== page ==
November 17, 2013
There is nobody more accomplished and fun to talk to in the world of entertainment and film publicity in Dallas than the woman I had the pleasure of interviewing over lunch on a warm October day. Her clients lists of former and current clients includes popular Dallas names like the Alamo Drafthouse – DFW, Dallas International Film Festival, Dallas VideoFest, The Historic Texas Theatre, Angelika Film Centers, National Geographic Films and the Texas Woman’s University School of the Arts. Her website even states that she has “been honored as a ‘master publicist’ in the Fort Worth Business Press and a ‘media professional’ in The Dallas Morning News.”
As a journalist, I spend the majority of my time speaking with public relations professionals. Sometimes, it’s a pleasurable experience, and we both get the information we want and need. Sometimes, people in public relations are extremely rude, which led to my impassioned blog post on rude public relations professionals.
I first heard of Kelly Kitchens while working on the Top Women Owned Businesses List for the Dallas Business Journal. She was unlike any other professional I had worked with to that point, getting the information I needed almost immediately, and was courteous and kind the whole conversation. I looked her up and realized I had to hear more of her story.
Kelly was on yearbook staff and newspaper staff in high school and loved it. She said, “I was like: If I could do a yearbook for the rest of my life, I would have been happy.”
Teenage Kelly decided to move from her native Houston to go to University of North Texas to become a journalist. Kelly’s mission was to do feature writing and become a critic. Unfortunately, expectations of the program did not match reality. Kelly stayed a journalism major for three and a half years. “They really wanted to steer me towards hard news—like being a news reporter. I didn’t even take any PR courses. But seriously, everything I know [as a PR professional], I learned from being a journalist and I [still] think [like a journalist]. To me, the two differences between news reporting and feature writing are vast, and I wanted to be a feature writer.”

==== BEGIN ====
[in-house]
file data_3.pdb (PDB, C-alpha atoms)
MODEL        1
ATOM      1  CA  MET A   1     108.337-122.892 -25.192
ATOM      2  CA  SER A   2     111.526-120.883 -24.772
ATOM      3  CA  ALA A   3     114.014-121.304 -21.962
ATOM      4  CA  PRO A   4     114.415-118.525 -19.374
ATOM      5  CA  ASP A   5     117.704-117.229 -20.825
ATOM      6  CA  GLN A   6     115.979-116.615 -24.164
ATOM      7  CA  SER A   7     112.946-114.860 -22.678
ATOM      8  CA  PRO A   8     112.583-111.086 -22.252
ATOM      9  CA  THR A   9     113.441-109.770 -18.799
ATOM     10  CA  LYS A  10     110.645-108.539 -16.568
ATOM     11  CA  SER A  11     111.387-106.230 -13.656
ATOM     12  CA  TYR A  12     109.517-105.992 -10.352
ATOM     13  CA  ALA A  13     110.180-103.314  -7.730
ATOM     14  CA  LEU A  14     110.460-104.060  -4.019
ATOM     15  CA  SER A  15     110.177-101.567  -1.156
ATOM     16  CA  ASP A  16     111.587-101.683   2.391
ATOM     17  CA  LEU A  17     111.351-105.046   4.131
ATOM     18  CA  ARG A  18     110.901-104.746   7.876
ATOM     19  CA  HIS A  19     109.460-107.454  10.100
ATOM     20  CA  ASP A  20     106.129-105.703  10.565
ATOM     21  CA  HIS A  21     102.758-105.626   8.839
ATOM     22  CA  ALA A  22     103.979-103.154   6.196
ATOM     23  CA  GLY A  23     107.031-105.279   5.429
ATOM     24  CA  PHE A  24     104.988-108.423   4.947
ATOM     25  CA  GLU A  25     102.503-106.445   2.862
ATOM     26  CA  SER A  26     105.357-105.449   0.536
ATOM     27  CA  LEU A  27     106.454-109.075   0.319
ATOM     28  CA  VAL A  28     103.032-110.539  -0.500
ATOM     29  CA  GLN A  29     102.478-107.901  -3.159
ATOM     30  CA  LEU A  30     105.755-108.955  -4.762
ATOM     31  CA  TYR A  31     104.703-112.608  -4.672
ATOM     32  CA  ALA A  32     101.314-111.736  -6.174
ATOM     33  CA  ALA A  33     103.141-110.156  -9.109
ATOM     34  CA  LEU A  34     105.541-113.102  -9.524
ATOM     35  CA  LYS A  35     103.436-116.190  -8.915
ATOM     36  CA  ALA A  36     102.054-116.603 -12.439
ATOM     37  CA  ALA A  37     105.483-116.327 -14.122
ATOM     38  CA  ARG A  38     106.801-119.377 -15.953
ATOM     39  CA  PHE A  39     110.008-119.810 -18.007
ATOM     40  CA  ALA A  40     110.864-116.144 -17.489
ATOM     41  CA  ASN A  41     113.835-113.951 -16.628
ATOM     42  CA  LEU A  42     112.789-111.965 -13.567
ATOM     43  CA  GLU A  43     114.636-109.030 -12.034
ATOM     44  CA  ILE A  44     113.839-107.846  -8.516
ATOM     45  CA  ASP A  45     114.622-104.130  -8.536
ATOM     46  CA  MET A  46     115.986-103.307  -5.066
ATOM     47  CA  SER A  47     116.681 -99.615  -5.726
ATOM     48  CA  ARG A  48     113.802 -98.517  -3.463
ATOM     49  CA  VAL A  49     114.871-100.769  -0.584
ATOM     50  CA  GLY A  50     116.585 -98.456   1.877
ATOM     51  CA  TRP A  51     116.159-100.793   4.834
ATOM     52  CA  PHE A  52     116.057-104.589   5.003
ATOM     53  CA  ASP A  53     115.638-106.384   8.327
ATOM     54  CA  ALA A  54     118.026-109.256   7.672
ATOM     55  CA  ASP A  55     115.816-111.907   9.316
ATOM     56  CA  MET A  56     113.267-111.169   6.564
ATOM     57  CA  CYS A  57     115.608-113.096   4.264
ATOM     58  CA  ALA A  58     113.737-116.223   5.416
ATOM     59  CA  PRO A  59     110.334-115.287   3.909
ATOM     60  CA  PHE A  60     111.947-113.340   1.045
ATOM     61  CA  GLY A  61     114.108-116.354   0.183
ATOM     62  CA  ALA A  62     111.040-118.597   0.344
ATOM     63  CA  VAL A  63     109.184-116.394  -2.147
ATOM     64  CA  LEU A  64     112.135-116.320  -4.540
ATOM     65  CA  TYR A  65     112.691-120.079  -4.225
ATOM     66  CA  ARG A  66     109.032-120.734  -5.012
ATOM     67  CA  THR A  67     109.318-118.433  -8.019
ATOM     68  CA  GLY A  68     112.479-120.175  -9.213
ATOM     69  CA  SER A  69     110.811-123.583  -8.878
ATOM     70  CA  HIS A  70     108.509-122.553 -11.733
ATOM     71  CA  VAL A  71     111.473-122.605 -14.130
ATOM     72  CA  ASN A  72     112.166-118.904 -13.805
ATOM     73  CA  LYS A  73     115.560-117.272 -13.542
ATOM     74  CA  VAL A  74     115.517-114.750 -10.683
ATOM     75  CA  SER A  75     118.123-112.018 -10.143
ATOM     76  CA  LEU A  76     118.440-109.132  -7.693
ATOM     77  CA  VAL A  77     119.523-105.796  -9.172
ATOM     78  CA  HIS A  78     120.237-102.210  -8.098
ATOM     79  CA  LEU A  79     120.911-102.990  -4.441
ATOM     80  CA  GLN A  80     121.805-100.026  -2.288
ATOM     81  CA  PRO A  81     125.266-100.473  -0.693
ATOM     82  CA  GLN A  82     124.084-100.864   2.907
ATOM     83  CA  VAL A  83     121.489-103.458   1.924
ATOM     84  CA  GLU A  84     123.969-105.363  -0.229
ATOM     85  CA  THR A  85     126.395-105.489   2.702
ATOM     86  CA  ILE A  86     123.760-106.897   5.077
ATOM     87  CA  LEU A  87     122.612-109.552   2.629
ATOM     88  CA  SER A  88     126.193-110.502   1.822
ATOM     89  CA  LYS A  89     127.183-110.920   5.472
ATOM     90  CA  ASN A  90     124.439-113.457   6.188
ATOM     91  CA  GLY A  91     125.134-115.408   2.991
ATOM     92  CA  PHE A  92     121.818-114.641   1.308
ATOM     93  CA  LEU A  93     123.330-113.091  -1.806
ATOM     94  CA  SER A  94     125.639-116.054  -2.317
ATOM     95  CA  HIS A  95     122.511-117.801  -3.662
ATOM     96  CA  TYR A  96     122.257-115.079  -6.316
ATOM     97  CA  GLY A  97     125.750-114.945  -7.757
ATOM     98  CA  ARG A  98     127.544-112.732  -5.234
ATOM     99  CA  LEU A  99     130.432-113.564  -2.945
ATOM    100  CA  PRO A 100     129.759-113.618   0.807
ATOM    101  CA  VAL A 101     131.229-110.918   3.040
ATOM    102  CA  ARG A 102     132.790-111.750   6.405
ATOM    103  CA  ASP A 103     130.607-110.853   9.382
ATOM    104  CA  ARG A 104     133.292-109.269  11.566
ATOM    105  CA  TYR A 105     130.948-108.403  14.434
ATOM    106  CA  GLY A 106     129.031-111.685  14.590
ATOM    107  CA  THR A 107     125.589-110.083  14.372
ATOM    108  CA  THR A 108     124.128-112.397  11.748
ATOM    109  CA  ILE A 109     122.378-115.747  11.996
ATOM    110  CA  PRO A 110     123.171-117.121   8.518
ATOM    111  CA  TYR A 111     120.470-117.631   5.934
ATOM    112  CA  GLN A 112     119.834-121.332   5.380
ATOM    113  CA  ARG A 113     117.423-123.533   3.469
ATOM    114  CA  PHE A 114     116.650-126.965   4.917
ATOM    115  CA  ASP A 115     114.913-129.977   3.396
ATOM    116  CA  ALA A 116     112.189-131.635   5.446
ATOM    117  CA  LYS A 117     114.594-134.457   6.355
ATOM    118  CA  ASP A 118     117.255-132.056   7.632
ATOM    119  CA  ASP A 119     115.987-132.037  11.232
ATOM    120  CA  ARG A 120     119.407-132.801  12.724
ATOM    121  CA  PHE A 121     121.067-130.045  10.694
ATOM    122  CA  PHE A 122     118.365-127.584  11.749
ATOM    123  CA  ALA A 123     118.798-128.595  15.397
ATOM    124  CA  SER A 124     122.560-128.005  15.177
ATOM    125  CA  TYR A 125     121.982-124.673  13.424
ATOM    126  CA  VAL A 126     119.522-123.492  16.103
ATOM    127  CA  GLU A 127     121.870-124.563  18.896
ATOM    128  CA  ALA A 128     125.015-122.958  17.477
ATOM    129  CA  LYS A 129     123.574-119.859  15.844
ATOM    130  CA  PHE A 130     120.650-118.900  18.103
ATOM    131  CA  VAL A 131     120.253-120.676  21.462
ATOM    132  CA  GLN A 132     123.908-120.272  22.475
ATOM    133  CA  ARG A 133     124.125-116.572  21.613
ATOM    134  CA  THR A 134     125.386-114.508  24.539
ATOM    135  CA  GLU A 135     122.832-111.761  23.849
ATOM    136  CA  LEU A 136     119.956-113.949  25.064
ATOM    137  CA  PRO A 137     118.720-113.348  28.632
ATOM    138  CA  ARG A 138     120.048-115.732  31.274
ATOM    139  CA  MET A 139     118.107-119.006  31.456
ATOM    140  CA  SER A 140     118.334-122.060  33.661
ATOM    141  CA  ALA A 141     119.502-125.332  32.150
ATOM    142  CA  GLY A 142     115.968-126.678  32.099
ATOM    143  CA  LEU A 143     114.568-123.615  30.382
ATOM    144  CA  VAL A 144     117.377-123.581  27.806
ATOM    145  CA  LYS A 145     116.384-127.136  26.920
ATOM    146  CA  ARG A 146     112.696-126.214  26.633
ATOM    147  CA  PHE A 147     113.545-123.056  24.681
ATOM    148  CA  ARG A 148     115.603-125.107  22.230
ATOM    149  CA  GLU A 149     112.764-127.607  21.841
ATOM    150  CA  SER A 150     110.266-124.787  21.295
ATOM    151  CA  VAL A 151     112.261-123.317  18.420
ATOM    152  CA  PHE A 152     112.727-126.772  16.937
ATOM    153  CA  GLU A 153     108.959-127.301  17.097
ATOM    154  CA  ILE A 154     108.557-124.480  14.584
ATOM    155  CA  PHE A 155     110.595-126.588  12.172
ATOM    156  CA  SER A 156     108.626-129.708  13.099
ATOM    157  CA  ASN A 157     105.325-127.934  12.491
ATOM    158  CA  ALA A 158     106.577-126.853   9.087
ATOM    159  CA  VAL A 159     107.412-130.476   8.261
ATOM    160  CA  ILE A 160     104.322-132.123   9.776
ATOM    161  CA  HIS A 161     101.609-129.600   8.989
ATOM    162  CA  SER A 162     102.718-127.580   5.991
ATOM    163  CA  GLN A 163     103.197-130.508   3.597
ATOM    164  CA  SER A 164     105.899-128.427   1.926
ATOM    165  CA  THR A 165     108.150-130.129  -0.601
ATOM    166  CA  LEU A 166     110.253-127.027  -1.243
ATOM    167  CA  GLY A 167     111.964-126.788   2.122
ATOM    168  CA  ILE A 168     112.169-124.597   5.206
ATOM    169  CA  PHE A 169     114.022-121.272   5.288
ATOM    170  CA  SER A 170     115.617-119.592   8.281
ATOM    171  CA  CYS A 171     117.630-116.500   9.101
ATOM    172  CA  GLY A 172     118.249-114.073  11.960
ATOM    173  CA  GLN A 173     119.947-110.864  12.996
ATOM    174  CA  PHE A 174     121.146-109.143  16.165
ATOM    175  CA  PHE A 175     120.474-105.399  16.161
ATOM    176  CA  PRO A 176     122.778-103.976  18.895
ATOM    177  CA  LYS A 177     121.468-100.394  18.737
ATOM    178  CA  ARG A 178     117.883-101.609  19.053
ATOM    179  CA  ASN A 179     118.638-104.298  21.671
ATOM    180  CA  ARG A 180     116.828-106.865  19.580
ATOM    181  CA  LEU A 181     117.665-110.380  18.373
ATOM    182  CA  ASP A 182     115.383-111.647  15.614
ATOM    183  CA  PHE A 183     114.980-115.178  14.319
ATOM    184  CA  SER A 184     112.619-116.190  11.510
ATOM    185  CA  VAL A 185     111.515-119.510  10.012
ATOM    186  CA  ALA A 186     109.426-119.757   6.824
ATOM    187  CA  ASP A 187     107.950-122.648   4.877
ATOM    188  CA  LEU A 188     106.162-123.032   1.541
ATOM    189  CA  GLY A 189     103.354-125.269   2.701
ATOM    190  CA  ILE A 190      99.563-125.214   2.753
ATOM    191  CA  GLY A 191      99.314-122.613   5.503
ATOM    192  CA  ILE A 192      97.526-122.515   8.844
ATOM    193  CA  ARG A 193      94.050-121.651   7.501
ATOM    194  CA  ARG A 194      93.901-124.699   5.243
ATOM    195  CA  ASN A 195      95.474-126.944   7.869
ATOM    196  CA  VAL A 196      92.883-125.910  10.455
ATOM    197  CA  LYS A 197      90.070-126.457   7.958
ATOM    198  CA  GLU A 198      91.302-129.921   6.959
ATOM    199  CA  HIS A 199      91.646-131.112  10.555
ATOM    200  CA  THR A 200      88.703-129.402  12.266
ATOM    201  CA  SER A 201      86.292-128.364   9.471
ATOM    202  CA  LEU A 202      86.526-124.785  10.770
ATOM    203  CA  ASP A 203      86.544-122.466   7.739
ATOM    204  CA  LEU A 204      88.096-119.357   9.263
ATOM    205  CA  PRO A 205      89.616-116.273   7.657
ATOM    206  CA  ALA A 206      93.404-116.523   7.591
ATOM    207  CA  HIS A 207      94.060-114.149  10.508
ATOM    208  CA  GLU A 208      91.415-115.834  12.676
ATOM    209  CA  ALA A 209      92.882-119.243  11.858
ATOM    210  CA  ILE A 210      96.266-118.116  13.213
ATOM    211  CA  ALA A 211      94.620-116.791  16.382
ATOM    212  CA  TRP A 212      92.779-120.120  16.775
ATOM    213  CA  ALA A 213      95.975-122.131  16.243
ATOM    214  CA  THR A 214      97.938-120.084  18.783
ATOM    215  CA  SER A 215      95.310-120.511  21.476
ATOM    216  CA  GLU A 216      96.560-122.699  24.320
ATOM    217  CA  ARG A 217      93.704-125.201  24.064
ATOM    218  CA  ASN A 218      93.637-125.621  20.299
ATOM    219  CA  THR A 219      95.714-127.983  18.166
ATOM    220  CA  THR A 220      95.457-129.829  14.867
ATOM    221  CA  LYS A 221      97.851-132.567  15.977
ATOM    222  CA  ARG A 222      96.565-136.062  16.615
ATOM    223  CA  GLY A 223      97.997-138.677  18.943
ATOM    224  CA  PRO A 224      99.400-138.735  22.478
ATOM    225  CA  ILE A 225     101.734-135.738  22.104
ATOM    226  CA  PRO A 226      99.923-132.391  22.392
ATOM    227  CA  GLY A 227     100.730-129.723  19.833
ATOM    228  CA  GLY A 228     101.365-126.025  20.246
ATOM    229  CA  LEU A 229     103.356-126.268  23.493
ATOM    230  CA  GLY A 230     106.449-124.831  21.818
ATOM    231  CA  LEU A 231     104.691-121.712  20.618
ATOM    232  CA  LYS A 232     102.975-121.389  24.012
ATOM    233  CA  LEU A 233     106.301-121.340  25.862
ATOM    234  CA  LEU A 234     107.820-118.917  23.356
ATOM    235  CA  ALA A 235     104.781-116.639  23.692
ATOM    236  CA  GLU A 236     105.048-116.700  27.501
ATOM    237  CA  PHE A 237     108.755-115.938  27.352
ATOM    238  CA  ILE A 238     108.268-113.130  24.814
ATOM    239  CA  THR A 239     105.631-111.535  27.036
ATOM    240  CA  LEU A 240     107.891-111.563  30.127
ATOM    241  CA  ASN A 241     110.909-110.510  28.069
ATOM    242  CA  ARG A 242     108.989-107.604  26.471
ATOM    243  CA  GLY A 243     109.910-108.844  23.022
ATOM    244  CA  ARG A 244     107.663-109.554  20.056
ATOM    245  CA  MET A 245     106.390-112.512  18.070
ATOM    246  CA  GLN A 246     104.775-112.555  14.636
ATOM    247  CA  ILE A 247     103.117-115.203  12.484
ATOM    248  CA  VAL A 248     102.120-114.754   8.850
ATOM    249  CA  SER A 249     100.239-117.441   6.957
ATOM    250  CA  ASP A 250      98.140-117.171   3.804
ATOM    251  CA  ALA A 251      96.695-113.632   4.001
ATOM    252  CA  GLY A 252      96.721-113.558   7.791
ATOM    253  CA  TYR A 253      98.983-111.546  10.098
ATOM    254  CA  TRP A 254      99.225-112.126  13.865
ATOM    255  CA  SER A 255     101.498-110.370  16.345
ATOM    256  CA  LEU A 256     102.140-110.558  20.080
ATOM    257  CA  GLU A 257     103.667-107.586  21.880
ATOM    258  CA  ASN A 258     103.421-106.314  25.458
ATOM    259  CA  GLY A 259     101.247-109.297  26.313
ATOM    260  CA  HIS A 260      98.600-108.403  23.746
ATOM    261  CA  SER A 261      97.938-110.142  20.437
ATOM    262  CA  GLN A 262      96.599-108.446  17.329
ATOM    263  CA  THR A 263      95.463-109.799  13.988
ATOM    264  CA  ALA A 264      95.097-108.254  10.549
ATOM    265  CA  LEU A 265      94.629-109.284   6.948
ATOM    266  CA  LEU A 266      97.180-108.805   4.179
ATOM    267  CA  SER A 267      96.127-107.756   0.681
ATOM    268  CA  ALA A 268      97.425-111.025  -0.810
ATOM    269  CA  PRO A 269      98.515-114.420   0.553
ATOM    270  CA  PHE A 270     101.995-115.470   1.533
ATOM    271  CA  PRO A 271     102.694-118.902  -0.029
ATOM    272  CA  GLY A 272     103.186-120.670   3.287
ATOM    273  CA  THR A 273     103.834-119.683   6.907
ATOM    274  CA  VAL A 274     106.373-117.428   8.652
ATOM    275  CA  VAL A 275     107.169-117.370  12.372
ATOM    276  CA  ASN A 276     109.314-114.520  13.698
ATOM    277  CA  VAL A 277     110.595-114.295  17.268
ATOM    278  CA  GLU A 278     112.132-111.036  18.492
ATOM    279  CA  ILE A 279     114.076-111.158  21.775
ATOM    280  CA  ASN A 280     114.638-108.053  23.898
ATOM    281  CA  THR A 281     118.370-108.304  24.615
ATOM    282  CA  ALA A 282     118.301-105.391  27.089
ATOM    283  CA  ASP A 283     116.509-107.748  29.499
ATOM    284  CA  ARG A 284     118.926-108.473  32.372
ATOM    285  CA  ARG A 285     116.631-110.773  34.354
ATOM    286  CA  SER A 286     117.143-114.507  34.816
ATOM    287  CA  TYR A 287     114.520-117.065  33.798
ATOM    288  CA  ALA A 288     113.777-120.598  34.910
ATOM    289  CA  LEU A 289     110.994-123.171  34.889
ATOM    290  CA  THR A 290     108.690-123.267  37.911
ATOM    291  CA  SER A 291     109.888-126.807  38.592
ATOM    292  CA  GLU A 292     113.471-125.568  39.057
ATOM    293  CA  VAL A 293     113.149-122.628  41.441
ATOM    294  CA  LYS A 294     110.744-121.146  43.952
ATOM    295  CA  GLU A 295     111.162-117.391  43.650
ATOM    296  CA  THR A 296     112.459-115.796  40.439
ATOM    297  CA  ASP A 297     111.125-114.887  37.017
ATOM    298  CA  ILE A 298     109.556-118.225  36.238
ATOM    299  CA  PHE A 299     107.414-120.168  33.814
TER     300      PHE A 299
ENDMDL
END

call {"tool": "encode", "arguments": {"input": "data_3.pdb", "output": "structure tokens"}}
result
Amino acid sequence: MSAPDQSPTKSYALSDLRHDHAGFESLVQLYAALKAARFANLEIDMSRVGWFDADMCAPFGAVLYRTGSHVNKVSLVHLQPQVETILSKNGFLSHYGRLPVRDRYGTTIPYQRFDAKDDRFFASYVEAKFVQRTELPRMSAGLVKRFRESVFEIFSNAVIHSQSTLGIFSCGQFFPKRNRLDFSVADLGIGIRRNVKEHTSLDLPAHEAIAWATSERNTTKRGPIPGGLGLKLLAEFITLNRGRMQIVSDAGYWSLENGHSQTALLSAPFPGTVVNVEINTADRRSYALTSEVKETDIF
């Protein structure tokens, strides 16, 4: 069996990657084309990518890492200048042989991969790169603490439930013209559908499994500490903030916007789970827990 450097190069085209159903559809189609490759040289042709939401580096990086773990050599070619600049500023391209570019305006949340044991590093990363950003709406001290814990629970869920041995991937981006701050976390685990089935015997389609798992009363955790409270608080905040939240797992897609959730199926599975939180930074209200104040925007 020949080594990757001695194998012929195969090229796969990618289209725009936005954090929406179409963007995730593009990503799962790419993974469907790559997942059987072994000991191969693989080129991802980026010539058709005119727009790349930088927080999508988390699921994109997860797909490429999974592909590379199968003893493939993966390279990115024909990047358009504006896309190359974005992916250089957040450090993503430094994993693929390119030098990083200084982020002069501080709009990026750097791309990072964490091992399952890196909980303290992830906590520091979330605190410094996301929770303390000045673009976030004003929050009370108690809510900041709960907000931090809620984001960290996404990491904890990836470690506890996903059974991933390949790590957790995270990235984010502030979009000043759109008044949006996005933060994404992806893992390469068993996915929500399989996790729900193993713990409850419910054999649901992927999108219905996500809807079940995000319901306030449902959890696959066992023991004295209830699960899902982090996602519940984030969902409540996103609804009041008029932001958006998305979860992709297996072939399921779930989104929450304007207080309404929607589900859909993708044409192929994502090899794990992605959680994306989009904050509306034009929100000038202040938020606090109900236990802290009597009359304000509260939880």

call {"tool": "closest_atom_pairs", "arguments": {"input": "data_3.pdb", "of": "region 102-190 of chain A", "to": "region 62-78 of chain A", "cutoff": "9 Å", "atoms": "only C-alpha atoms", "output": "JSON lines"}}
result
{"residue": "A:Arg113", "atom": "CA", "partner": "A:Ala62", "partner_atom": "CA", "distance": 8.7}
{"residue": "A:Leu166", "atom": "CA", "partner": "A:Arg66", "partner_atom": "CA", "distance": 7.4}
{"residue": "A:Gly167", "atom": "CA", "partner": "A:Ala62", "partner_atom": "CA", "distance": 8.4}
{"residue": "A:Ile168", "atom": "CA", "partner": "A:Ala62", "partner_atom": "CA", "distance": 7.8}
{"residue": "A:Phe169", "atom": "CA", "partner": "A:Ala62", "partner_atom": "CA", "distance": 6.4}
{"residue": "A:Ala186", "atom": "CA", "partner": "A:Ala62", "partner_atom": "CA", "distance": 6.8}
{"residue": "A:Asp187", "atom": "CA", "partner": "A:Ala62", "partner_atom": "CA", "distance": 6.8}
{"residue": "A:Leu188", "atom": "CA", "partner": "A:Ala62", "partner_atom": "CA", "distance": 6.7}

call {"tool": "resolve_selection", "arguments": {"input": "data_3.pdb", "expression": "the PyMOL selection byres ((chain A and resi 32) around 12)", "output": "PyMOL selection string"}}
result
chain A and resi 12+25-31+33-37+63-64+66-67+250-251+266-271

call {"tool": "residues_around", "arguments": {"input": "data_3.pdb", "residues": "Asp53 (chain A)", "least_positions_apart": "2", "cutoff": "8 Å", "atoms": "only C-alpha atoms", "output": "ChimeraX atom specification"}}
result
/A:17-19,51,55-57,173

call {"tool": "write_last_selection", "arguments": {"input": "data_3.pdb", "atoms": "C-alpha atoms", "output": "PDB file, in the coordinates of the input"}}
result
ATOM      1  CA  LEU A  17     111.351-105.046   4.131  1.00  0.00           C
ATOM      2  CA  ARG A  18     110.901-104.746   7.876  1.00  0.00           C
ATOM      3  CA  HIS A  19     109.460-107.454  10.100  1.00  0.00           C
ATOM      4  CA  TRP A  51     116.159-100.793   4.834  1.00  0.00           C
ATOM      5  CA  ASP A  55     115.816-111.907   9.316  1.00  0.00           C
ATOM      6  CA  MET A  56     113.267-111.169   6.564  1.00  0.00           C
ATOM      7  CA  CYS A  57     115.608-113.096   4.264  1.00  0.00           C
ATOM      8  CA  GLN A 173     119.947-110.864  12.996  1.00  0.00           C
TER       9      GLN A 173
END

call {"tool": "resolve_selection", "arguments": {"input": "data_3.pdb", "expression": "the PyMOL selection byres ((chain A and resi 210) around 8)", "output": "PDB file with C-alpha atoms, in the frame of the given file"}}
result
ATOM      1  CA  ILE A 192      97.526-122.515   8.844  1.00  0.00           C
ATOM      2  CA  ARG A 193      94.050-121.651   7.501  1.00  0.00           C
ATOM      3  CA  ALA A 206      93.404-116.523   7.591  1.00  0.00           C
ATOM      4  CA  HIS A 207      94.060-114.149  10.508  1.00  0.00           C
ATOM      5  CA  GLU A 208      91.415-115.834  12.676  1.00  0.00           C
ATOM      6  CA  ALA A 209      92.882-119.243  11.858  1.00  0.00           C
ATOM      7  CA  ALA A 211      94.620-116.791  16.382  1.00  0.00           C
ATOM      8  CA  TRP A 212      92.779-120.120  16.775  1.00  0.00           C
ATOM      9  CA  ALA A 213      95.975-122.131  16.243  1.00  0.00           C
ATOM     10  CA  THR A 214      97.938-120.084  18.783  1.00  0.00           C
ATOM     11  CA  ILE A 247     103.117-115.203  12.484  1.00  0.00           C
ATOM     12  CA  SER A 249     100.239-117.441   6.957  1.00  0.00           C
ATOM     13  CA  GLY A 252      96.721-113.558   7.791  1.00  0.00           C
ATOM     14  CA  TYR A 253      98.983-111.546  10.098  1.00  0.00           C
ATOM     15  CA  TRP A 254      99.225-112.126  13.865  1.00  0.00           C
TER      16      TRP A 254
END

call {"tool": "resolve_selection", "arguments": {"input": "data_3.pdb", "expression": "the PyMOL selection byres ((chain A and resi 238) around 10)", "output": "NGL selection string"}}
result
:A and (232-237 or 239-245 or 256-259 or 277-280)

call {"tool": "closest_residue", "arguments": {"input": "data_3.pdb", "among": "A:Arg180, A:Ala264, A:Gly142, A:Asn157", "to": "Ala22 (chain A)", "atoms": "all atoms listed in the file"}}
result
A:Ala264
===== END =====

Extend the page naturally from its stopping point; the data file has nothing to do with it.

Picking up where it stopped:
Kelly had wanted to write for magazines, emphasizing in fashion and film. She had expected her studies would lead to her dream job at Vogue on the noble mission of starting a new plus-size section.
Kelly’s posture stiffened and her tone heated as she declared, “None of those magazines have any sort of recognition that there are women my size you know, in the world. So, that was always my dream to say: Look, you’re ignoring a huge side of life that loves fashion, and who loves to look good as well.”
Kelly went on to explain her love of film and working in entertainment PR by explaining her love of old movies, as she pulled out a stack of cigarette cards from her purse. With each historic card, she tells a story.
Then, Kelly Kitchens showed the second to last card, and the most significant in her deck. The card featured the beautiful face of Boots Mallory, circa 1934.